The top-ranking games in this genre are, unsurprisingly, boxing games. These can rack up 600+ calories per hour, which is exactly the rate that Billy Blanks advertised with his shadow boxing series. Dancing/rhythm games are close behind, burning 300–500 (depending on difficulty level, possibly more) while maintaining a consistently elevated heart rate. I can attest from personal experience that an hour of Beat Saber provides the same exercise benefits as a vigorous game of tennis. Even games that don’t require you to move quickly, or even encourage you to move as slowly as possible while dodging projectiles, provide a solid core-training opportunity (as in Superhot VR).
One of the greatest benefits of using VR as an exercise regimen is that it is fully scalable. By providing different difficultly levels, these games allow people of all skill (and health) levels to explore this as an option when going to a gym, yoga, or kickboxing class is not. Even after quarantines are lifted, I can see enterprising physical therapists and hospital wellness programs incorporating VR to add a bit of play into their sessions. With the amount of data that is being collected on the impact of virtual exercise routines, I believe it’s just a matter of time before doctors are prescribing “30 minutes of hack-n-slash a day.”
Video games are no longer considered mostly sedentary activities. VR will get you out of your chair and break a sweat while staying socially distanced indoors. You may still look goofy, but you will feel like a superhero ninja while getting in a pretty decent workout. Since nobody is around to see you, isn’t that what’s really important?
After you’ve given your clients a virtual tour through their future building and recovered from a vigorous workout, you feel like you have earned a little respite. You put on your shoes, walk outside, but it’s raining yet again (or in the Midwest, snowing). You feel the need to go somewhere, anywhere, to get away. Possibly the mountains, maybe a beach? Then you realize all bus, train, and air travel has been restricted.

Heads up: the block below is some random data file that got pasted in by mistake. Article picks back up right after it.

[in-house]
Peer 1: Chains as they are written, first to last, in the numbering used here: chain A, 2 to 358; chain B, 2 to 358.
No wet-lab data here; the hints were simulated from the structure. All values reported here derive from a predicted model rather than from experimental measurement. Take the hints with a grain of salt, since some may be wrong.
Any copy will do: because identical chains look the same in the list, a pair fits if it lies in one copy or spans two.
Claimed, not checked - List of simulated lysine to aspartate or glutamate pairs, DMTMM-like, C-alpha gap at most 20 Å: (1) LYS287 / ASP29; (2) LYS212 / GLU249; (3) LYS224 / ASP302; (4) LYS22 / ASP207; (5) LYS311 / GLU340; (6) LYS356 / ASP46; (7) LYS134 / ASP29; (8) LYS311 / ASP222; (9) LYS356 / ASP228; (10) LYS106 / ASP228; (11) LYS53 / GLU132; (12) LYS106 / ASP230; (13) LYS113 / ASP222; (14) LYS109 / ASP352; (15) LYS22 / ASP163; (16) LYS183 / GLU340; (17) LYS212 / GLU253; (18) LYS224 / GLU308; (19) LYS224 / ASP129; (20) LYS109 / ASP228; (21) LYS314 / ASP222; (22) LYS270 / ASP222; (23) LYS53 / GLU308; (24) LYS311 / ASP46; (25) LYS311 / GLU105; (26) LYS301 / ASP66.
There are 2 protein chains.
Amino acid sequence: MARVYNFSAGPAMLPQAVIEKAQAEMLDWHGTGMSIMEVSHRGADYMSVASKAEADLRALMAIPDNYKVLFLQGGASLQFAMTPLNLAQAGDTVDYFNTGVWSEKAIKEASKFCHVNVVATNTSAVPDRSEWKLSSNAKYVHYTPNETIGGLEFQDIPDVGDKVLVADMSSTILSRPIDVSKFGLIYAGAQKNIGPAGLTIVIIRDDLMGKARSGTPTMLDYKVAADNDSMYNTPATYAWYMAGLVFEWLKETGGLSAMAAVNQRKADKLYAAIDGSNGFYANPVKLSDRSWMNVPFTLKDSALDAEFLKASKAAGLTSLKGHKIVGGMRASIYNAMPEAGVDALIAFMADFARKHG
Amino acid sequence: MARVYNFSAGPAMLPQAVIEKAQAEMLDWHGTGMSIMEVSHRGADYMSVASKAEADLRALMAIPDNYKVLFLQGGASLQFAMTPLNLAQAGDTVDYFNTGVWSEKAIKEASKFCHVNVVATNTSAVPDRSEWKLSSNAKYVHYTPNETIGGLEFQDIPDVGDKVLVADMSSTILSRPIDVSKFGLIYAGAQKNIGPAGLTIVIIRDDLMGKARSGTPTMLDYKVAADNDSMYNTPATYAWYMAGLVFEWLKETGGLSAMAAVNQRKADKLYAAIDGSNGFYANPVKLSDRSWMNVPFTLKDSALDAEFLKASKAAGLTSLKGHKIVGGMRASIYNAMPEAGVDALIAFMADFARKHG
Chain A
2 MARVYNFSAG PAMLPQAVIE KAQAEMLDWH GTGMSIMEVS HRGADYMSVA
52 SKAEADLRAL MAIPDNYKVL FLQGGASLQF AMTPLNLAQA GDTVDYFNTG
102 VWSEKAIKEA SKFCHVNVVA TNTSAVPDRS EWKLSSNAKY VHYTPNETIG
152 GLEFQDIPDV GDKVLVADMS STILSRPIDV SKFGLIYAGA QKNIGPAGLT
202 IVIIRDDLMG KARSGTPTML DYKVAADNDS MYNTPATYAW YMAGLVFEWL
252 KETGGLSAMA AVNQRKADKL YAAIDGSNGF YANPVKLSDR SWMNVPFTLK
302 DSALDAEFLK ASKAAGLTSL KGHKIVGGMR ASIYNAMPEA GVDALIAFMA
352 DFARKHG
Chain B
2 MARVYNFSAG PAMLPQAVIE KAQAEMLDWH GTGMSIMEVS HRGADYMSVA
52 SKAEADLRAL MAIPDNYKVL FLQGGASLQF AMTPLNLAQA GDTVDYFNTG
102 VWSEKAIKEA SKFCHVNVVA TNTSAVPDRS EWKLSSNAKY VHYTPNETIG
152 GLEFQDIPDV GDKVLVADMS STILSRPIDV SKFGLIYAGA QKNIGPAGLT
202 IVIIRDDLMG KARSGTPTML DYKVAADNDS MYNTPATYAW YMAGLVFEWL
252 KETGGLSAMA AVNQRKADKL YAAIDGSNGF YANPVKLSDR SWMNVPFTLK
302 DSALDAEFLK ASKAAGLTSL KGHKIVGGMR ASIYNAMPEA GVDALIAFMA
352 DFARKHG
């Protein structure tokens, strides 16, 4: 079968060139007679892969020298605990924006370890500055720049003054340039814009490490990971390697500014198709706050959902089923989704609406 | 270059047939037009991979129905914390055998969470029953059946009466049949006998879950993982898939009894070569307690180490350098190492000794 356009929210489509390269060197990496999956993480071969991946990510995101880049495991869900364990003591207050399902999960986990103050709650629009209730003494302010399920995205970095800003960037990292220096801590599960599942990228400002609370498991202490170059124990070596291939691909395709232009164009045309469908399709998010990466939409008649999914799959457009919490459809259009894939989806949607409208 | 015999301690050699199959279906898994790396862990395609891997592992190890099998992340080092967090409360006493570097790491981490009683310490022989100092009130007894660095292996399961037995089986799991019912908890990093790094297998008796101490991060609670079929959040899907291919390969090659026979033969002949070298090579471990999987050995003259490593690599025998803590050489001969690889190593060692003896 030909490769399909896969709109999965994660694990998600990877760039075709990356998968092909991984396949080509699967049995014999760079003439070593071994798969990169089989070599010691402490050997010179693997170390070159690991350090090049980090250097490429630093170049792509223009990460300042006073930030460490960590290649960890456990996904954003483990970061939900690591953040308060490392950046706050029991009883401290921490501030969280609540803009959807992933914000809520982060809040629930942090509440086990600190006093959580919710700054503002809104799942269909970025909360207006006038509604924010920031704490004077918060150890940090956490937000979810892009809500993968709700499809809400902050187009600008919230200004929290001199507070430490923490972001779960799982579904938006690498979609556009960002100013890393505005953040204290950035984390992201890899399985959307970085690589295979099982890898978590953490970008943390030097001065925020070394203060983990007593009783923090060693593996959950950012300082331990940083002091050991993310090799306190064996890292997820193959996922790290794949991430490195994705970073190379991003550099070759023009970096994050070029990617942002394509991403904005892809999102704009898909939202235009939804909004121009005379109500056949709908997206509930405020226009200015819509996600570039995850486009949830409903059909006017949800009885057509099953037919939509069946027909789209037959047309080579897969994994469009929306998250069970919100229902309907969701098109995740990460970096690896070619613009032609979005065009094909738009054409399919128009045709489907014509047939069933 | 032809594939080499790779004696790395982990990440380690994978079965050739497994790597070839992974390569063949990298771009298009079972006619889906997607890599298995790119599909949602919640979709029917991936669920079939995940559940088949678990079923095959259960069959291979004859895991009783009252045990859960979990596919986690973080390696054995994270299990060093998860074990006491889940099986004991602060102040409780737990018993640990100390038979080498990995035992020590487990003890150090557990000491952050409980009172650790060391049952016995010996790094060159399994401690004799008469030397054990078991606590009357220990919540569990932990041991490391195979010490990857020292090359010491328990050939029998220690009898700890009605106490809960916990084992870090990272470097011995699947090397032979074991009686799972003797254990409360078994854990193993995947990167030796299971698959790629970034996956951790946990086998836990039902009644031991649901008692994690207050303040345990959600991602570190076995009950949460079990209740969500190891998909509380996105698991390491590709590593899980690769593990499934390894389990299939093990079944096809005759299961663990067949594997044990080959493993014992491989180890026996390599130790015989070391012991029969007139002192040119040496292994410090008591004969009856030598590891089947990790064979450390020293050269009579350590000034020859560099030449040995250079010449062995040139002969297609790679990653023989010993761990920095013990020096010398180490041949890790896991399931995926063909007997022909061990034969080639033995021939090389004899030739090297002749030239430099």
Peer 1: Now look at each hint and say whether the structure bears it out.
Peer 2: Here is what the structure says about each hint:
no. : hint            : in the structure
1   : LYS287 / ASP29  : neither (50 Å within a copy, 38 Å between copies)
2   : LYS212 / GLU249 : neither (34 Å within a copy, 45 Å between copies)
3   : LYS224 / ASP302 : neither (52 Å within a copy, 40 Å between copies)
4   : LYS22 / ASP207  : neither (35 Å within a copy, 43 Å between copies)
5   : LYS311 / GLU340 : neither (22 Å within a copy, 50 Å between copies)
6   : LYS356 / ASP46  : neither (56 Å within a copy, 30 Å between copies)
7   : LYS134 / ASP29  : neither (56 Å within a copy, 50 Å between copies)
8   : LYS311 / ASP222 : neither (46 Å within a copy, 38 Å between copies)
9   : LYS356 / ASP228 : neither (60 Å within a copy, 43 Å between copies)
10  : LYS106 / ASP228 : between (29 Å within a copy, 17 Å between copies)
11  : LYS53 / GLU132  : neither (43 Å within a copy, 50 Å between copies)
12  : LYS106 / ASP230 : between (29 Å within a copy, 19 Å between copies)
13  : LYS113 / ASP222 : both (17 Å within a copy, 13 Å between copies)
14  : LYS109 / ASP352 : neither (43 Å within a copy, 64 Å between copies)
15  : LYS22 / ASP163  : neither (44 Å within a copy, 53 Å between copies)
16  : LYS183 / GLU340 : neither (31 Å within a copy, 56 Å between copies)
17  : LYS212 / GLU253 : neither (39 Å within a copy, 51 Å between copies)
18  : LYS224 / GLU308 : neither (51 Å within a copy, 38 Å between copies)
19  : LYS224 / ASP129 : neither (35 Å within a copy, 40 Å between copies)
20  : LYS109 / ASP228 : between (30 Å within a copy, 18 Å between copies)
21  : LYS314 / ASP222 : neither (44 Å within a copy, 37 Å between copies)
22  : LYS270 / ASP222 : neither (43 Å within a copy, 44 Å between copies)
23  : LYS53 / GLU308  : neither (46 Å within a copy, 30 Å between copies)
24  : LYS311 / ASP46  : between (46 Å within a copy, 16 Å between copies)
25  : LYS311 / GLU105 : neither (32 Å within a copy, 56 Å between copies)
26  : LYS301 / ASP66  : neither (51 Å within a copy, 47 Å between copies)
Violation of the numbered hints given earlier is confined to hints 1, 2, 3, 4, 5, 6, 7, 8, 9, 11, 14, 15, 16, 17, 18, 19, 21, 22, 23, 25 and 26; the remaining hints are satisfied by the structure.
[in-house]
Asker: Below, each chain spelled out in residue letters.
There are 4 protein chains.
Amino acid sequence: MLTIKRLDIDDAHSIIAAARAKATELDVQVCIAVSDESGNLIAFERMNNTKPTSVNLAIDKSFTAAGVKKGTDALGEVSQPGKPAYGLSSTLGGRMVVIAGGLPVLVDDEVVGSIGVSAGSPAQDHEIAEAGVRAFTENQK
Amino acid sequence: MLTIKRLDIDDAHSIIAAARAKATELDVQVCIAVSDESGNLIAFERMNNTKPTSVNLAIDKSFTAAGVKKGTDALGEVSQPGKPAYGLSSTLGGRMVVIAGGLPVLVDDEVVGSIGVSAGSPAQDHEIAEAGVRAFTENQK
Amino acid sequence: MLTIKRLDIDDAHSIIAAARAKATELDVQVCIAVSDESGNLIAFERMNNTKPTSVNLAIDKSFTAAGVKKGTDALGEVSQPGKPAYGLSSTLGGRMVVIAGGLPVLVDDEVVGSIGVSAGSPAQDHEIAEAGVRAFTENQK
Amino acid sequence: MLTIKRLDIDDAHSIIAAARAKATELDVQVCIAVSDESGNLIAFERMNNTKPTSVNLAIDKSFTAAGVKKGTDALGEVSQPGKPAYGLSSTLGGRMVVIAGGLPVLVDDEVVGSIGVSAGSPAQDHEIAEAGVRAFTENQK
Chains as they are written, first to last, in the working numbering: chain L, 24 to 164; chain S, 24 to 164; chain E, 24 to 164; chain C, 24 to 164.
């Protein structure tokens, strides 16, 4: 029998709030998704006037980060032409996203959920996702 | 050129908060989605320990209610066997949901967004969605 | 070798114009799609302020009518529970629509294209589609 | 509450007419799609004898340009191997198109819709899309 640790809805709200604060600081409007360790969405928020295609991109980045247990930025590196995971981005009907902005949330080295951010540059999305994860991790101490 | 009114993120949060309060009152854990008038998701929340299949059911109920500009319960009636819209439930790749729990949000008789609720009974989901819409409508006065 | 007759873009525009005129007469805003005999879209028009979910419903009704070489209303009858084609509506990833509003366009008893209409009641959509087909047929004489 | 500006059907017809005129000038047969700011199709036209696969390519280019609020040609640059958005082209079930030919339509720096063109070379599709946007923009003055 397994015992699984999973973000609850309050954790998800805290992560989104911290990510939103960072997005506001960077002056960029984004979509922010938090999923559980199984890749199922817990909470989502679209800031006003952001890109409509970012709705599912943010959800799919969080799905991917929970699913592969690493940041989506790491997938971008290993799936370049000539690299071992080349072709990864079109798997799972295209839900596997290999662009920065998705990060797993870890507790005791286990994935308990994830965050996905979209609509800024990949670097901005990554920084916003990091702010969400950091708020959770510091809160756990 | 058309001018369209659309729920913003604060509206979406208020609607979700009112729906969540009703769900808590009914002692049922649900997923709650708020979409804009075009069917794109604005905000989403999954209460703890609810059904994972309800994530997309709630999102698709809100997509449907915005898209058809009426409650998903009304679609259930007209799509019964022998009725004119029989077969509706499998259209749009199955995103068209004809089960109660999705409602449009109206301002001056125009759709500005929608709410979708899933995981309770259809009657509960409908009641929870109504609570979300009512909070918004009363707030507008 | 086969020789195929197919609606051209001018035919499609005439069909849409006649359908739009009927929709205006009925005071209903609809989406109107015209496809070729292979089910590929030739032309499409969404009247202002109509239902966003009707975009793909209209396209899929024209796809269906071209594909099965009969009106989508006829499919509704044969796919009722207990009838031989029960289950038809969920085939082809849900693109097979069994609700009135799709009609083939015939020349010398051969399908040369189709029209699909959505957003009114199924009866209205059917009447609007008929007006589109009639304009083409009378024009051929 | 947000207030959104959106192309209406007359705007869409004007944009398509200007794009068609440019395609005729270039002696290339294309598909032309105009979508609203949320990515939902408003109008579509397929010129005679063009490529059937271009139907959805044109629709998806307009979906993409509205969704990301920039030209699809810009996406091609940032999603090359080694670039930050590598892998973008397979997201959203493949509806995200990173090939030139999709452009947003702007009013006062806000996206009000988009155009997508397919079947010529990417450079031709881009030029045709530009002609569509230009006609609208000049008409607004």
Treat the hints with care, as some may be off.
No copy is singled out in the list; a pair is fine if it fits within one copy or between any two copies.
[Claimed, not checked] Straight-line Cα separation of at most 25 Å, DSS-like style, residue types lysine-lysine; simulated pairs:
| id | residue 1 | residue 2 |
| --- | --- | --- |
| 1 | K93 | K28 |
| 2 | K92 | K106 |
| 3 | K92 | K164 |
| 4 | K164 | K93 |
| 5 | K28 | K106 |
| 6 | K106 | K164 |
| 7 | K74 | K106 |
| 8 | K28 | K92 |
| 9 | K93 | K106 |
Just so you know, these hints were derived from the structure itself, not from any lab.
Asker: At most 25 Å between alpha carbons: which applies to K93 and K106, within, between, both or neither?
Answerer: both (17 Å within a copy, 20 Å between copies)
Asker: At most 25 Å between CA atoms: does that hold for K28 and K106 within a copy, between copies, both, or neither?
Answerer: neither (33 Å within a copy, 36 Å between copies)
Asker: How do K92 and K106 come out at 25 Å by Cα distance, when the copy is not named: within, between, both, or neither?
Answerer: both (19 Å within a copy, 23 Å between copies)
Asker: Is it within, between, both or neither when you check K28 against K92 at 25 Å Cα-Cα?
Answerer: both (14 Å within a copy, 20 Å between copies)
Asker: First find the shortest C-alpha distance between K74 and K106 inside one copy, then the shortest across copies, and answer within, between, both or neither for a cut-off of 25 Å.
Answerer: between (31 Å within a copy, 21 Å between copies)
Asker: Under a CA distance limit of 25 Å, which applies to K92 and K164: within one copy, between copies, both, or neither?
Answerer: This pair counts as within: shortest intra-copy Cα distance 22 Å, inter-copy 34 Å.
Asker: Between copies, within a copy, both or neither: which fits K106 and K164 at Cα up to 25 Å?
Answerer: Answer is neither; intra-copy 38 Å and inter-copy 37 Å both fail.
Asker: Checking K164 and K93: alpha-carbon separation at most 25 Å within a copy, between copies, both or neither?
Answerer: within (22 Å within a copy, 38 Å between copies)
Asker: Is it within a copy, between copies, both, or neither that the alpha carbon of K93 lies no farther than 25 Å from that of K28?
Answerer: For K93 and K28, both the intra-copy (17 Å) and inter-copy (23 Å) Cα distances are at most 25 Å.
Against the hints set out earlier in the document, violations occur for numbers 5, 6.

Fortunately, virtual reality can help with that as well.
VR-as-TV is quickly becoming one of the most-invested-in sectors of virtual and augmented reality. While stereoscopic 360-degree videos may have seemed like a gimmick when YouTube first supported the format (a perfect content supplement to also-Google-owned Cardboard chock-full of rollercoaster videos), professional filmmakers are exploring what is possible in VR that wasn’t before and pushing the medium forward.
Facebook-owned Oculus has several applications that allow you to enjoy VR without flailing your limbs about. Most recently, the aptly named Oculus TV has released a three-part documentary about the summiting of Mount Everest.
Apple likely already owns NextVR, which has proven itself to be a highly-immersive way to attend concert and sporting events that are sold-out or otherwise inaccessible.
This format was already on its way to becoming an established mode of entertainment. Expect the quarantine to accelerate its development in the near future.
Since the trajectory of headset development is to become completely self-contained, I can see this as a popular distraction in spaces that people share with others but have no opportunity to move, such as those sitting on a plane or laying in a hospital bed.
VR is still a fairly expensive hobby and a highly niche market. I understand that not everyone has access to or can afford a setup. However, it is still one of the best-suited solutions to many of the issues that social distancing creates, and it may become more popular (and accessible) as a result of our extended isolation. I’m looking forward to when we can see each other again in person, but in the meantime you can find me trying to save humanity… by avoiding Jeff.
This blog post originally published on Kahler Slater’s Insights page, April 2020. https://www.kahlerslater.com/insights/virtual-connection-in-a-quarantined-world